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Will Scholfield, Engineer

29 Feb : Updated 15 Mar ● 7 min read

What is an EPC? Everything you need to know

If you're looking to buy, sell or rent a property, one thing you need to know about is energy performance certificates (EPC).

As well as offering an insight into how well insulated a home is, these certificates can help us understand how much our energy bills will cost and whether additional work is needed to make the house warmer and more energy efficient.

Here, we take a comprehensive look at EPCs, including what the ratings mean, how much they cost, what they say about your property, and more. First, let's explore what an energy performance certificate is.

What is an energy performance certificate (EPC)?

An EPC tells you how energy efficient a building is, rating it from G (inefficient) to A (very efficient). The certificate tells you how much it may cost to heat your home, its carbon emissions and recommends improvements you can make to increase the rating. 

These improvements could be as straightforward as switching to low-energy light bulbs to larger jobs, like installing cavity wall insulation.

EPC ratings assess various aspects of a property, and then a score between 1 and 100 is given. The score banding is:

  • A-rating: 92-100 points
  • B-rating: 81-91 points
  • C-rating: 69-80 points
  • D-rating: 55-68 points
  • E-rating: 39-54 points
  • F-rating: 21-38 points
  • G-rating 1-20 points

How can you get an EPC, and who needs one?

You must find an accredited professional to assess your property and produce the energy report to get an EPC.

Find an energy assessor in England, Wales and Northern Ireland.

Find an energy assessor in Scotland.

Residential properties

In residential properties, an EPC is needed whenever a property is built, sold or rented, and the certificate must be ordered before the property goes to market. You can be fined if you don't get an EPC when you need one.

Commercial properties

If you own commercial properties, you must have an EPC if:

  • You want to rent out or sell the premises
  • A building under construction is finished
  • There are changes to the number of parts used for separate occupations, including providing or extending fixed heating, air conditioning or mechanical ventilation systems

You must also display an EPC by fixing it to your commercial building if all of the following apply:

  • The total useful floor area is over 500 square metres
  • The public frequently visits the building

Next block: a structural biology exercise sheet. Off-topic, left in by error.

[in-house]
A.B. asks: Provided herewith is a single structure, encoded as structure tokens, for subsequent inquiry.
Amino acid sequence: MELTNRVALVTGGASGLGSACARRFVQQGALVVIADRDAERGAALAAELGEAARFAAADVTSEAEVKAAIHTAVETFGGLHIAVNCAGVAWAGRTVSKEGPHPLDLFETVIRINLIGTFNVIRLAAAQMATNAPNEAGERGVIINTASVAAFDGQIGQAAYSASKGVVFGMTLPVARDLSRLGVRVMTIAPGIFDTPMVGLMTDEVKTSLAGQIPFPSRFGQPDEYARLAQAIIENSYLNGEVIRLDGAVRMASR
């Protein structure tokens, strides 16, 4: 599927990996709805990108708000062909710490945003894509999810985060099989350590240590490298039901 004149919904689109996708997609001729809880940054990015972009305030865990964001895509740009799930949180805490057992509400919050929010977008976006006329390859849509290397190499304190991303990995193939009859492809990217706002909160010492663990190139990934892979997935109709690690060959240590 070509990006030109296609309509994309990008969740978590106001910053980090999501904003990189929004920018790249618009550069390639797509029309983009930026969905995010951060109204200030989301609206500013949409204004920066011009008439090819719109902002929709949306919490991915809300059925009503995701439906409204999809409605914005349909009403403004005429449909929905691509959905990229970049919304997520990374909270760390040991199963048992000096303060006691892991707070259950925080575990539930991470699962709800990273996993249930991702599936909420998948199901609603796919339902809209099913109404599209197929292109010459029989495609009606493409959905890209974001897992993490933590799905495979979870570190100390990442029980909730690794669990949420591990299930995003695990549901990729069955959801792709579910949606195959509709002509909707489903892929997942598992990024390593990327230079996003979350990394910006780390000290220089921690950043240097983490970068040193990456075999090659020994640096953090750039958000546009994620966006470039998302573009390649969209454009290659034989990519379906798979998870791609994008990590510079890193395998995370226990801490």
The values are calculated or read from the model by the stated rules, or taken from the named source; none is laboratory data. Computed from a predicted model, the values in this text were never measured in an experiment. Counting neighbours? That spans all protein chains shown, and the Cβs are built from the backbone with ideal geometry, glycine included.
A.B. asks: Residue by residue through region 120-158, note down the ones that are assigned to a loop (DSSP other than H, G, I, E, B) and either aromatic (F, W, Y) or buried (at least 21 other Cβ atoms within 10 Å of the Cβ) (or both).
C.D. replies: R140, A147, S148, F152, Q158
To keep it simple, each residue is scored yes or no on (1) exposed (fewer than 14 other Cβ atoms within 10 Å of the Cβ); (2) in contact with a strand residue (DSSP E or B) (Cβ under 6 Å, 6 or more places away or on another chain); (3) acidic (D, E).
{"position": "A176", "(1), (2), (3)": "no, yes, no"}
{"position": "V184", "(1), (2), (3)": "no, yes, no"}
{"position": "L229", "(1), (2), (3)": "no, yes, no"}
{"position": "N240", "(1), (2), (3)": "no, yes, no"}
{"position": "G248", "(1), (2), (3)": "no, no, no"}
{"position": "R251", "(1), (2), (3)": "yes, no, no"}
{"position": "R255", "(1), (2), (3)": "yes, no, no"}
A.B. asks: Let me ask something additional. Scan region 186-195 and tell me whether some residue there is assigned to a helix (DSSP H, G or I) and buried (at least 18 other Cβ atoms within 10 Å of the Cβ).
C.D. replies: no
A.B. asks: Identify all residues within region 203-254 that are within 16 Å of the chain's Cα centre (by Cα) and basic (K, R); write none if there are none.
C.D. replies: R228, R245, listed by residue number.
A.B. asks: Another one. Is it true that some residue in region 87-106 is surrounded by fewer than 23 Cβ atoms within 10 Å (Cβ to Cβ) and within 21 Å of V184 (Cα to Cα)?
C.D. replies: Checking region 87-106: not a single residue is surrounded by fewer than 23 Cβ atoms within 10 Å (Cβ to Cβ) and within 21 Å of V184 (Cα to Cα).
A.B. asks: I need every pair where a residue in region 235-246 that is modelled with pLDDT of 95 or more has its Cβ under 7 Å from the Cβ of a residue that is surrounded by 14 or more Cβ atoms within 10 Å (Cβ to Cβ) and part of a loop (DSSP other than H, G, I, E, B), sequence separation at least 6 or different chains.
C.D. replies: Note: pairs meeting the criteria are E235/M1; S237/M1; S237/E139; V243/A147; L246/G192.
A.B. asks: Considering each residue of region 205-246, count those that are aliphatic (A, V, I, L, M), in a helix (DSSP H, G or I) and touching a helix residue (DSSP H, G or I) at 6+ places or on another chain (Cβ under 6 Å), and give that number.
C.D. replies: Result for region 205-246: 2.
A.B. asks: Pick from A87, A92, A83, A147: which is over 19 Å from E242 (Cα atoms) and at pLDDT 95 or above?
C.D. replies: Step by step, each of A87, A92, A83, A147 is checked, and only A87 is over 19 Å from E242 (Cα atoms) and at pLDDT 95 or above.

• An EPC has already been produced for the building's sale, rental or construction

You can be fined between £500 and £5,000 if you do not make an EPC available to prospective buyers or tenants.

Are any buildings exempt from having EPCs?

The following residential buildings do not need an EPC:

  • Places of worship
  • Temporary buildings that will be used for less than two years
  • Standalone buildings, like sheds and outhouses, with a total functional floor space of less than 50 square metres
  • Industrial sites, workshops and non-residential agricultural buildings that do not use a lot of energy
  • Some buildings that are due to be demolished
  • Holiday accommodation that's rented out for less than four months a year or is let under a licence to occupy
  • Listed buildings - seek advice from your council or local authority conservation officer if the work would alter the building's character
  • Residential buildings intended to be used less than four months a year

In terms of commercial properties, you do not need an EPC if you can demonstrate that the building is:

  • Listed or officially protected, and the minimum energy performance requirements would unacceptably alter the premises.
  • A temporary building that will only be used for two years or less.
  • Used as a place of worship or for other religious activities.
  • An industrial site, workshop or non-residential agricultural building that uses little energy.
  • A detached building with a total floor space of under 50 square metres.
  • Due to be demolished by the seller or landlord, and they have all the relevant planning and conservation consents.

How much are EPC certificates?

The cost of having your house assessed and receiving an EPC varies from £35 to £120. The specific price will depend on several factors, like the size of the property, its location, and who will be conducting the assessment.